Delaware Termination (with Discharge): What you need to know

Delaware is an “employment-at-will” state. This means that an employer or employee may generally terminate an employment relationship at any time and for any reason unless a law or agreement provides otherwise. For instance, federal or state law, a collective bargaining agreement, or an individual employment contract may place limitations on an otherwise at-will relationship.
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Burden of proof. If the employer is charged with retaliatory discharge, the employer is innocent until proven guilty. While this rule affords some protection to the employer, circumstantial evidence, such as a string of good evaluations followed by a sudden turnaround, can be devastating. As a result, if you terminate an employee who has filed a wage/hour claim, a discrimination claim, etc., it is essential to be able to show conclusively, with both testimony and documentation, that the separation had no relation to any legally protected status or conduct by the employee.
Crime victims. An employer may not discipline or discharge a victim or victim's representative for the following: participating in the preparation for a criminal proceeding at the request of the prosecutor; attending a criminal proceeding if such attendance is reasonably necessary to protect the victim's rights; or attending a criminal proceeding in response to a subpoena (DE Code Tit. 11 Sec. 9409).
Discrimination. It is unlawful for an employer to discipline or discharge an employee on the basis of race, marital status, genetic information, color, age, religion, sex, sexual orientation, or national origin (DE Code Tit. 19 Sec. 711). Employers are also prohibited from discriminating against qualified individuals with disabilities (DE Code Tit. 19 ...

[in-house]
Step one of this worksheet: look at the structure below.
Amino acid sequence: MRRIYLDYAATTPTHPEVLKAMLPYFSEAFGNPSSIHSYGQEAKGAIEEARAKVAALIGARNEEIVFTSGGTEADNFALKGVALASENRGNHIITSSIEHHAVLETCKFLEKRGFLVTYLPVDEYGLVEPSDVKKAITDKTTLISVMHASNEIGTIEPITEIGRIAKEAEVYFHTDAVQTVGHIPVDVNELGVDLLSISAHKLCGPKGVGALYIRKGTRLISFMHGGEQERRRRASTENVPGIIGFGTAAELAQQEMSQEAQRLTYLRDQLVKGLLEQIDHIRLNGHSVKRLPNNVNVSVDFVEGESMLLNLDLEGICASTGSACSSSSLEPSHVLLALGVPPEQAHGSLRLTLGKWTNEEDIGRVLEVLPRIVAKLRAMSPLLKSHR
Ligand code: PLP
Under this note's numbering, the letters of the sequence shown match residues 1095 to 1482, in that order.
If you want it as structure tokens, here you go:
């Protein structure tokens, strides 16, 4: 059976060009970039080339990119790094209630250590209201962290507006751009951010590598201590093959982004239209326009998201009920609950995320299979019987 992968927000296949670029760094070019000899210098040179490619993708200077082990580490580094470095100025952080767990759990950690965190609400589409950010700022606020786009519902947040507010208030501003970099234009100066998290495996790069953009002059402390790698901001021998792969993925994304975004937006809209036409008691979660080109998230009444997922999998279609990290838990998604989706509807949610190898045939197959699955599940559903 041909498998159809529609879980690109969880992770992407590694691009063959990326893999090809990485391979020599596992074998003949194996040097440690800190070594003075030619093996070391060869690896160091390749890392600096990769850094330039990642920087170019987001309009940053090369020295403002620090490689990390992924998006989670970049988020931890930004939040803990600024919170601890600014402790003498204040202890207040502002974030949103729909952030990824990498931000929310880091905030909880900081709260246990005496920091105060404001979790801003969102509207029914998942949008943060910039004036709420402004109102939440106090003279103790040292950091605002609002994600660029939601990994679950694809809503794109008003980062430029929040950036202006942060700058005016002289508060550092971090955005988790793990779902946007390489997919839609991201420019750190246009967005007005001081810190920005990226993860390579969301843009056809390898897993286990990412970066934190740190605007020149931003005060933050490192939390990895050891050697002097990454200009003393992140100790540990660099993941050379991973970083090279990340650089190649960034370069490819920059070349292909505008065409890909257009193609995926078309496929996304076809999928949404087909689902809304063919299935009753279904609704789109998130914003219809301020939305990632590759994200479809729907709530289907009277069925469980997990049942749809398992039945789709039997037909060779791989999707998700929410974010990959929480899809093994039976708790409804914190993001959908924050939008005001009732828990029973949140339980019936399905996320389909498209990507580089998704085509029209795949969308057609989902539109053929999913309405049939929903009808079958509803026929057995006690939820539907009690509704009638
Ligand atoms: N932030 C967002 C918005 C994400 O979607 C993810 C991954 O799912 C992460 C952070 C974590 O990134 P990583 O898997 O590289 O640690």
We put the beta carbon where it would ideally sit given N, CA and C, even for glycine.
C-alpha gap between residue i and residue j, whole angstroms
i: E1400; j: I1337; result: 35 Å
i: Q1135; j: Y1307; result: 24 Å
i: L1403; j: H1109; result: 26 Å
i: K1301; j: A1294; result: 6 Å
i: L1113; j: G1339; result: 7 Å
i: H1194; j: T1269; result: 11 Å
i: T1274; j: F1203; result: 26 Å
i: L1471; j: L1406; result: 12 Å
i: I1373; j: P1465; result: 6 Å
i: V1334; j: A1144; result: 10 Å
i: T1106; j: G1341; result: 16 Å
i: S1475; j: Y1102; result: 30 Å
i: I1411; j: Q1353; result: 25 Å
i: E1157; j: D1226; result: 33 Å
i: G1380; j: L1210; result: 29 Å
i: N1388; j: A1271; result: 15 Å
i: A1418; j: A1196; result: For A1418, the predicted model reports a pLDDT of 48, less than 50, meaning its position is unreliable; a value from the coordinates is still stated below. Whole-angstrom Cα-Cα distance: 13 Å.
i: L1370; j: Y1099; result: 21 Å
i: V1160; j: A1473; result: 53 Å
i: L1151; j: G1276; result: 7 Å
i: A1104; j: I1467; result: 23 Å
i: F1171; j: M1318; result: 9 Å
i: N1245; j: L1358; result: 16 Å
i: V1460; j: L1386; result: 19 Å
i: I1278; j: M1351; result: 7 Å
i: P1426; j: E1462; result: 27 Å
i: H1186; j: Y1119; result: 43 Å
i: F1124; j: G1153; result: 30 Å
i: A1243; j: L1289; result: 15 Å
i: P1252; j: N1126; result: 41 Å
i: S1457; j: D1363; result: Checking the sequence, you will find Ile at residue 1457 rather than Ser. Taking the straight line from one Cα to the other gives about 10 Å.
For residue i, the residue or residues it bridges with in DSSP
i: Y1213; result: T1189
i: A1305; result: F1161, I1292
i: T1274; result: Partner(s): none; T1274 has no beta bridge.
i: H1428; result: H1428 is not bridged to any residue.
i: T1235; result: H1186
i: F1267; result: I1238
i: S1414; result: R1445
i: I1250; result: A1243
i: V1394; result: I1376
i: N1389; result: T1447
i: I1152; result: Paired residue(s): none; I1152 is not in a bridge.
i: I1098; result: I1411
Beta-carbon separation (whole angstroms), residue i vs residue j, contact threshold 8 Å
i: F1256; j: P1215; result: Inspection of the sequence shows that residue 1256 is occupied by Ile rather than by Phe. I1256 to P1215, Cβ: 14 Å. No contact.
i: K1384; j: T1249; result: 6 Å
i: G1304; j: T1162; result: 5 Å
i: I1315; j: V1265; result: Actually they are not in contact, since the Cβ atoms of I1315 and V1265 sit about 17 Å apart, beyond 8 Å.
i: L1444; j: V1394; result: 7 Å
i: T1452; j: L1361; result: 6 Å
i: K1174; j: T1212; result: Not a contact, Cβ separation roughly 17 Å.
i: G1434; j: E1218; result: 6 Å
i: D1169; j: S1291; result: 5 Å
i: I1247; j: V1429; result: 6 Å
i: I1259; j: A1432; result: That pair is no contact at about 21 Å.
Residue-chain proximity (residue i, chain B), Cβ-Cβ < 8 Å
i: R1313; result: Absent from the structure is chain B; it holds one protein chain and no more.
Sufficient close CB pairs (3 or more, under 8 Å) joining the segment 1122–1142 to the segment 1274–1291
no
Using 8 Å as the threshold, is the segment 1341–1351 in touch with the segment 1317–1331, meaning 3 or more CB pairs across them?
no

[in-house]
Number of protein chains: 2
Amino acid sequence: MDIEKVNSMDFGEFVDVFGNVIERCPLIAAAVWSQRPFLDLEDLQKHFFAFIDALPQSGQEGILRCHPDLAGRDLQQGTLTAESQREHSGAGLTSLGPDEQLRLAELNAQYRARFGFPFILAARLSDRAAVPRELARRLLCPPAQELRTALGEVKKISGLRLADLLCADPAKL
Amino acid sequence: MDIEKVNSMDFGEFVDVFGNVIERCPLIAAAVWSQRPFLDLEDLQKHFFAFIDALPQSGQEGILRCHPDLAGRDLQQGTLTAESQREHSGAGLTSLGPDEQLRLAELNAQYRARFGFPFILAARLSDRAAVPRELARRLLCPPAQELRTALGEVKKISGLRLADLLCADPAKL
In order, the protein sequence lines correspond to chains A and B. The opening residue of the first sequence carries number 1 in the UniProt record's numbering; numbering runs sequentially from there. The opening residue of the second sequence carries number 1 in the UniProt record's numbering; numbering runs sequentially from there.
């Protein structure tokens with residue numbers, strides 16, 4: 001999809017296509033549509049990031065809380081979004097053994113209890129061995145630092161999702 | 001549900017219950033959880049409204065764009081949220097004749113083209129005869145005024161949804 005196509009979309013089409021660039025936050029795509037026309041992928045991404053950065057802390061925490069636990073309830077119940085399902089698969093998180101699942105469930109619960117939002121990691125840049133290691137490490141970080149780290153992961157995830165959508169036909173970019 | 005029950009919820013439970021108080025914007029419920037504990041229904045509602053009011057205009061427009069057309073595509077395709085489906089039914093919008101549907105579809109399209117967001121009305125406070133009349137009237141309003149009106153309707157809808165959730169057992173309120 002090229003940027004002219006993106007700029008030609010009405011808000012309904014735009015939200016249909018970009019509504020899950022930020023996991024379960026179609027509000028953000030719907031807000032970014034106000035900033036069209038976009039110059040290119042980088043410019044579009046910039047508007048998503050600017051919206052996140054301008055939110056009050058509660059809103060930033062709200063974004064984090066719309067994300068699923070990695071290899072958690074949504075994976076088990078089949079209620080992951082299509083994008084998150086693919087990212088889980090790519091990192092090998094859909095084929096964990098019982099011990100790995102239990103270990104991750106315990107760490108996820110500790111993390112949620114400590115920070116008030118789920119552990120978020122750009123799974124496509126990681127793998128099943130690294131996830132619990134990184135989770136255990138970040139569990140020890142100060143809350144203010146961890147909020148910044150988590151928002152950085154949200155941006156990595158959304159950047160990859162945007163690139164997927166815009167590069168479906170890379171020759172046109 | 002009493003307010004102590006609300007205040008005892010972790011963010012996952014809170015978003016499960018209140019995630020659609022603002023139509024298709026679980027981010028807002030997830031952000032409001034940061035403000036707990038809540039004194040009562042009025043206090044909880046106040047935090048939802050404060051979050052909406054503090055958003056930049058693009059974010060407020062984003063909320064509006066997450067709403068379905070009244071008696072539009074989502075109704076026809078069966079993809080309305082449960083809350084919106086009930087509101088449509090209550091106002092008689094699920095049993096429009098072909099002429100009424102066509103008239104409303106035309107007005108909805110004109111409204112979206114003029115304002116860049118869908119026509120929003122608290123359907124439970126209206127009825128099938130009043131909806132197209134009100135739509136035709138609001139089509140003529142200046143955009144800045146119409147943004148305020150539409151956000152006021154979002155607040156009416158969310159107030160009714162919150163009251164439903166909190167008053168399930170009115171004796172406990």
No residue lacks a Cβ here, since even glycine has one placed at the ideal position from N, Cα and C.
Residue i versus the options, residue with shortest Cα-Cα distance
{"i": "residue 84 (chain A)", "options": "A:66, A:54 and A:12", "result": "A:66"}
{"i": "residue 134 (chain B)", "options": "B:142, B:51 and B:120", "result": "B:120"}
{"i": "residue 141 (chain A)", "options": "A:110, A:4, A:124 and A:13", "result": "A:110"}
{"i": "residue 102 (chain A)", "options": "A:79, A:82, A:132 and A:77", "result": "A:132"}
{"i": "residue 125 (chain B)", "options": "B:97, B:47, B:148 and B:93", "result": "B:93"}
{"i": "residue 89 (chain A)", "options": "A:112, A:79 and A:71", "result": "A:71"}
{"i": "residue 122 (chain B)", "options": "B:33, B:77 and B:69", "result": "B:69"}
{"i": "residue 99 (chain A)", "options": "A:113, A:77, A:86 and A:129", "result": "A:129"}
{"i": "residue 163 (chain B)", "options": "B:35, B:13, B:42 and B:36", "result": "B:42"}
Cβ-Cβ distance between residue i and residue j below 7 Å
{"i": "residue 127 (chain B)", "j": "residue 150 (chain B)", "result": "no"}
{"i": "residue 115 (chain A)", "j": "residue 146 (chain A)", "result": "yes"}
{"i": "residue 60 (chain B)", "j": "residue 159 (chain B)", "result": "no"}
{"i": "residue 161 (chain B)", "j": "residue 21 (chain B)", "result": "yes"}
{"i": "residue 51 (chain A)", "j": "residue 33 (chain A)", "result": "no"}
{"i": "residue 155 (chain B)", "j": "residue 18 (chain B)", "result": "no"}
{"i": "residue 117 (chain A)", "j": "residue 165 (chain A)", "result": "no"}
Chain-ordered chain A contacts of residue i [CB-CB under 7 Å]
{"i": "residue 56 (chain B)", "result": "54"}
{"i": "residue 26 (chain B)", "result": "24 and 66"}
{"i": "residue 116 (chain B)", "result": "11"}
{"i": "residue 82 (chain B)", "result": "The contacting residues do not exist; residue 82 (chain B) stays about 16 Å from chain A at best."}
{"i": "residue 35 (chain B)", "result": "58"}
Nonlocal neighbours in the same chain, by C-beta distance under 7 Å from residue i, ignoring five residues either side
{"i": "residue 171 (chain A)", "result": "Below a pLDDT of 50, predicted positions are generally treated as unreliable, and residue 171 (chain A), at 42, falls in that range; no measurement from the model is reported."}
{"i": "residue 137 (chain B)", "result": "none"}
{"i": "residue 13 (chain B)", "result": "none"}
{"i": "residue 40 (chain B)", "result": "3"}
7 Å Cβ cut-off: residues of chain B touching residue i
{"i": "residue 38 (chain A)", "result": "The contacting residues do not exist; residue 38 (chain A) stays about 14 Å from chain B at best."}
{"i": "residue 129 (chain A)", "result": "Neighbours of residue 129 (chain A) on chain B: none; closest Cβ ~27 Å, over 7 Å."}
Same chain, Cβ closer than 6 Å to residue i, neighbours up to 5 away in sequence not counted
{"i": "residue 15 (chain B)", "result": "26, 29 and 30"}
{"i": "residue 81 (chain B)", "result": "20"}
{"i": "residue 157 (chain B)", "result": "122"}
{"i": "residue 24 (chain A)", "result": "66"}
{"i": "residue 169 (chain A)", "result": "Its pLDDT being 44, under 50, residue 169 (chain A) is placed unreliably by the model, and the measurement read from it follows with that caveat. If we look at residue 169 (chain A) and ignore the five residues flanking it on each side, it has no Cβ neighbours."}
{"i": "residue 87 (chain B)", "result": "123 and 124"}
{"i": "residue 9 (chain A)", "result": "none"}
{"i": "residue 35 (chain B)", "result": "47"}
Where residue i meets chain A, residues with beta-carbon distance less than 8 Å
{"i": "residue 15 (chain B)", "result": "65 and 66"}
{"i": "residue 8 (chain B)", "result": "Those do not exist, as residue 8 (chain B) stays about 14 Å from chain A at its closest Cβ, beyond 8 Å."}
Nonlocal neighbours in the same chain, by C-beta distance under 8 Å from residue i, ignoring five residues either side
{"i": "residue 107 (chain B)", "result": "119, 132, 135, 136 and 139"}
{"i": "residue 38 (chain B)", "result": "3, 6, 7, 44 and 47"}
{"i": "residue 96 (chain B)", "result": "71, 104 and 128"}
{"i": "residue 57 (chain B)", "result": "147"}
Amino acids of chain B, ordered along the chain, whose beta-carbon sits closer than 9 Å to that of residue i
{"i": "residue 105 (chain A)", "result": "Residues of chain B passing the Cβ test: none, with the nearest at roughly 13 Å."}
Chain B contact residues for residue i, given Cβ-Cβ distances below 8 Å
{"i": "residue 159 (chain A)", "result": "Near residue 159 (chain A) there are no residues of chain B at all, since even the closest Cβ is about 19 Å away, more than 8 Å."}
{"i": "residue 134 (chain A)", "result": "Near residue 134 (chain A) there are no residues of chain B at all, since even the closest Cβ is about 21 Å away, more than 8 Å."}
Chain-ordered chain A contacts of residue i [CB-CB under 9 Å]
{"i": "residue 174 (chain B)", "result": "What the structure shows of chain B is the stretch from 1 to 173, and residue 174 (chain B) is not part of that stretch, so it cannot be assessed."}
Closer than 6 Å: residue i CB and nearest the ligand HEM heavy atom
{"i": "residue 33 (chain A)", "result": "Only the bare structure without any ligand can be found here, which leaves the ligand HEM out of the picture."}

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Delaware Termination (with Discharge) Resources

Termination (with Discharge) Products

The Termination Process Webinar Recording
BLR Webinar: "The Termination Process: Exit Interviews, Termination Pay, and Post-Termination Steps to Keep You Out of Court""
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Record retention is complex and time consuming. However, in addition to complying with various federal and state laws, keeping good, well-organized records can be very helpful in documenting and supporting an organization’s employment actions.
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This special report will discuss how you can ensure your records are in good order, and establish a record-retention policy.

Topics covered:
1. Hiring Records
2. Employment Relationships
3. Termination Records
4. Litigation Issues
5. Electronic Information Issues
6. Tips for Better Recordkeeping
7. A List of Legal Requirements

Make sure you have the information you need to know to keep your records in order.